UNORTHODOX – Review by Martha K Baker

Netflix’ four-part series about a young woman seeking liberation fromNew York’s Hasidic community is positively riveting. The series, impressively directed by Maria Schrader, is based on the memoir by Deborah Feldman entitled, significantly, Unorthodox: The Scandalous Rejection of My Hasidic Roots.

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I AM NOT AN EASY MAN – Review by Leslie Combemale

Imagine we lived in a world where women have been seen as the stronger sex and in charge of everything. It’s true that women, in large part, raise the children, do the lion’s share of domestic chores, all while still working outside the home for less, often in lower positions, and therefore arguably keep the world from devolving into complete chaos, but it’s still hard to do, isn’t it? Yet that’s the fertile environment in I Am Not An Easy Man. Our unprecedented times call for all the comedy and wish fulfillment we can safely get our hands on. For that, I give you I Am Not an Easy Man.

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FROM BAGHDAD TO THE BAY (OXFF2020) – Review by Diane Carson

Documentary director Erin Palmquist’s From Baghdad to the Bay takes the viewer on a roller coaster ride, following Ghazwan Alsharif from Baghdad to San Francisco, as the title accurately announces. With apologies to Charles Dickens, this modern-day tale of two cities does encompass the best of times and the worst of times for Alsharif.

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AN ELEPHANT IN THE ROOM (SXSW2020) – Review by Marina Antunes

Katrine Philp’s An Elephant in the Room follows children in mourning for deceases parents. The film comes at a difficult time when conversations about death and grief may be central to the lives of many families. It’s reassuring to see that regardless of how deep the grief may be, we can get through it — but it’s easier if you don’ t go at it alone.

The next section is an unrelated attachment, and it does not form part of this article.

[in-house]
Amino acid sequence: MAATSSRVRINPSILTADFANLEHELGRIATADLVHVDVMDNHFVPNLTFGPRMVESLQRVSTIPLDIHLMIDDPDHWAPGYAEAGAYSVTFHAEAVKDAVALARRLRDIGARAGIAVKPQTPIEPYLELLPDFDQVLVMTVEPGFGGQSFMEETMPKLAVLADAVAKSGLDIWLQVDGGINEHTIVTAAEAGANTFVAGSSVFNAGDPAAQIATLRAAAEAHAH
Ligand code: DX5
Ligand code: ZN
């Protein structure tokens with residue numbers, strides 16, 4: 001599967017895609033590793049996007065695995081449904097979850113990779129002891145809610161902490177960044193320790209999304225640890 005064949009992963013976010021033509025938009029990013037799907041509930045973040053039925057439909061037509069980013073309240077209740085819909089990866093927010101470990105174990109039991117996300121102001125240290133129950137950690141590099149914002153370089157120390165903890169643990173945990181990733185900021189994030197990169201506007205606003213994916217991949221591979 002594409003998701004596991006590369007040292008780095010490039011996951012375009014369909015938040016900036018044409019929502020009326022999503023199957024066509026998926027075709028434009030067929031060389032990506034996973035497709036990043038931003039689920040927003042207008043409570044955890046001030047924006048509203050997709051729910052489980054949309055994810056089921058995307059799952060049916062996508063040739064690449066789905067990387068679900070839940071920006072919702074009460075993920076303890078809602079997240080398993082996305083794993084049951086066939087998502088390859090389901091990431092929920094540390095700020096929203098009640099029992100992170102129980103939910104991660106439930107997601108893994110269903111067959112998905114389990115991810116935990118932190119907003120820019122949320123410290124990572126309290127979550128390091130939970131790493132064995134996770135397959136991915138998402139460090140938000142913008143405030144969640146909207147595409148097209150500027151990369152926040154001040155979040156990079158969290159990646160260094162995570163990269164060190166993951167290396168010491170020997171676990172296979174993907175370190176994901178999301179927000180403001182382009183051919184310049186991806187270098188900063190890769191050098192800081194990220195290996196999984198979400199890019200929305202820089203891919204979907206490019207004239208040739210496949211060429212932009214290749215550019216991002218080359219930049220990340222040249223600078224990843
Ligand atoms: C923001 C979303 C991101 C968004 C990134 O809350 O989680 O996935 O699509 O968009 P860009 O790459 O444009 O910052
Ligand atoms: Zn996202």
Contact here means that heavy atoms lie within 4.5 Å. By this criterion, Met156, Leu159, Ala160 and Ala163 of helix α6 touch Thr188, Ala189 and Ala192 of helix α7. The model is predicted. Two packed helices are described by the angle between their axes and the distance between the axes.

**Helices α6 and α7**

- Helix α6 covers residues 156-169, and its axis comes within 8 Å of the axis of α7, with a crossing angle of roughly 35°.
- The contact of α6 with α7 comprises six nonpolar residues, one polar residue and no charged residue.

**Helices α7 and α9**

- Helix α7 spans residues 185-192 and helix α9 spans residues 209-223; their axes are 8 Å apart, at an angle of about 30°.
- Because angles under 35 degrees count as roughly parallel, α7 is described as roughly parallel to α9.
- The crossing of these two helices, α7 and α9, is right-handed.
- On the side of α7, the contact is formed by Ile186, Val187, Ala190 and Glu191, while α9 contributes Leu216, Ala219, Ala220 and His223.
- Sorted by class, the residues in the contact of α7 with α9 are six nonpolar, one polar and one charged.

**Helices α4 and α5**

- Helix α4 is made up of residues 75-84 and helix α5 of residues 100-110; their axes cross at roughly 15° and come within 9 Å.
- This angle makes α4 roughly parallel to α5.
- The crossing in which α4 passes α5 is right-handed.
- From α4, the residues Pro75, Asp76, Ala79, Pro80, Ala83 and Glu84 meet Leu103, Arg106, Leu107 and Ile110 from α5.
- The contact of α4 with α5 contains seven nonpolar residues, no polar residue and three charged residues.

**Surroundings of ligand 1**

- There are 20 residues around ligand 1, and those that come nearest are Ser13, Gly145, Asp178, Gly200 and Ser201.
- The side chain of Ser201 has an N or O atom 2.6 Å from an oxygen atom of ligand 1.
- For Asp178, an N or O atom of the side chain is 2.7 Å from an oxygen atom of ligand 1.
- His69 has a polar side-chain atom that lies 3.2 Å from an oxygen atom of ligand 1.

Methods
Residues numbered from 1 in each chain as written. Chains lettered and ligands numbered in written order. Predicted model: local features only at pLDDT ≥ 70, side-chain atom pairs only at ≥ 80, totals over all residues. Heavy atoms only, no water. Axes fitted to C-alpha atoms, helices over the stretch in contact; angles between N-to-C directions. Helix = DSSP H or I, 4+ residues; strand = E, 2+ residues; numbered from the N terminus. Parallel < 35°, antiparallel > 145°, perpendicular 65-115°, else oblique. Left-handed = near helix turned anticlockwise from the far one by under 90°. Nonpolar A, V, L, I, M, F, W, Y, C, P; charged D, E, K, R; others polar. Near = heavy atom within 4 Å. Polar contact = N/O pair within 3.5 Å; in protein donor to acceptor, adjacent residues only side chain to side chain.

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RESISTANCE – Review by Carol Cling

Resistance recounts an undeniably fascinating, fact-based WWII story involving, among others, a young man who would become world famous — and another who became forever infamous. It’s a tale well worth telling — and remembering. Sometimes because of, and sometimes despite, the way it’s told.

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THE WRETCHED – Review by Alexandra Heller-Nicholas

Make no mistake, The Wretched is a strikingly polished feature debut that’s a thoroughly fun way to kill an hour and a half. A film that succeeds in its exploration of child abuse but is less accomplished in its broader gender politics, The Wretched is clearly driven by a spirit of nostalgia for older horror adventure films, it’s just a shame it let some pretty outdated clichés come along for the ride.

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THE PERFECT CANDIDATE – Review by MaryAnn Johanson

A few years ago, Haifaa Al-Mansour made history with her Wadjda, a delightful tale of a little girl in Riyadh who really just desperately wants a bicycle. After a few detours into English-language, Western-set films, Al-Mansour returns home with The Perfect Candidate, about a young doctor who runs for her local Riyadh municipal council.

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THE RABBI GOES WEST (OXFF2020) – Review by Lois Alter Mark

Did you hear the one about the Brooklyn rabbi who moves to Montana and celebrates his daughter’s birthday at a shooting range? There’s no punchline to this. It’s a real scene from The Rabbi Goes West, a fascinating and surprising documentary about the Jewish community in Big Sky Country.

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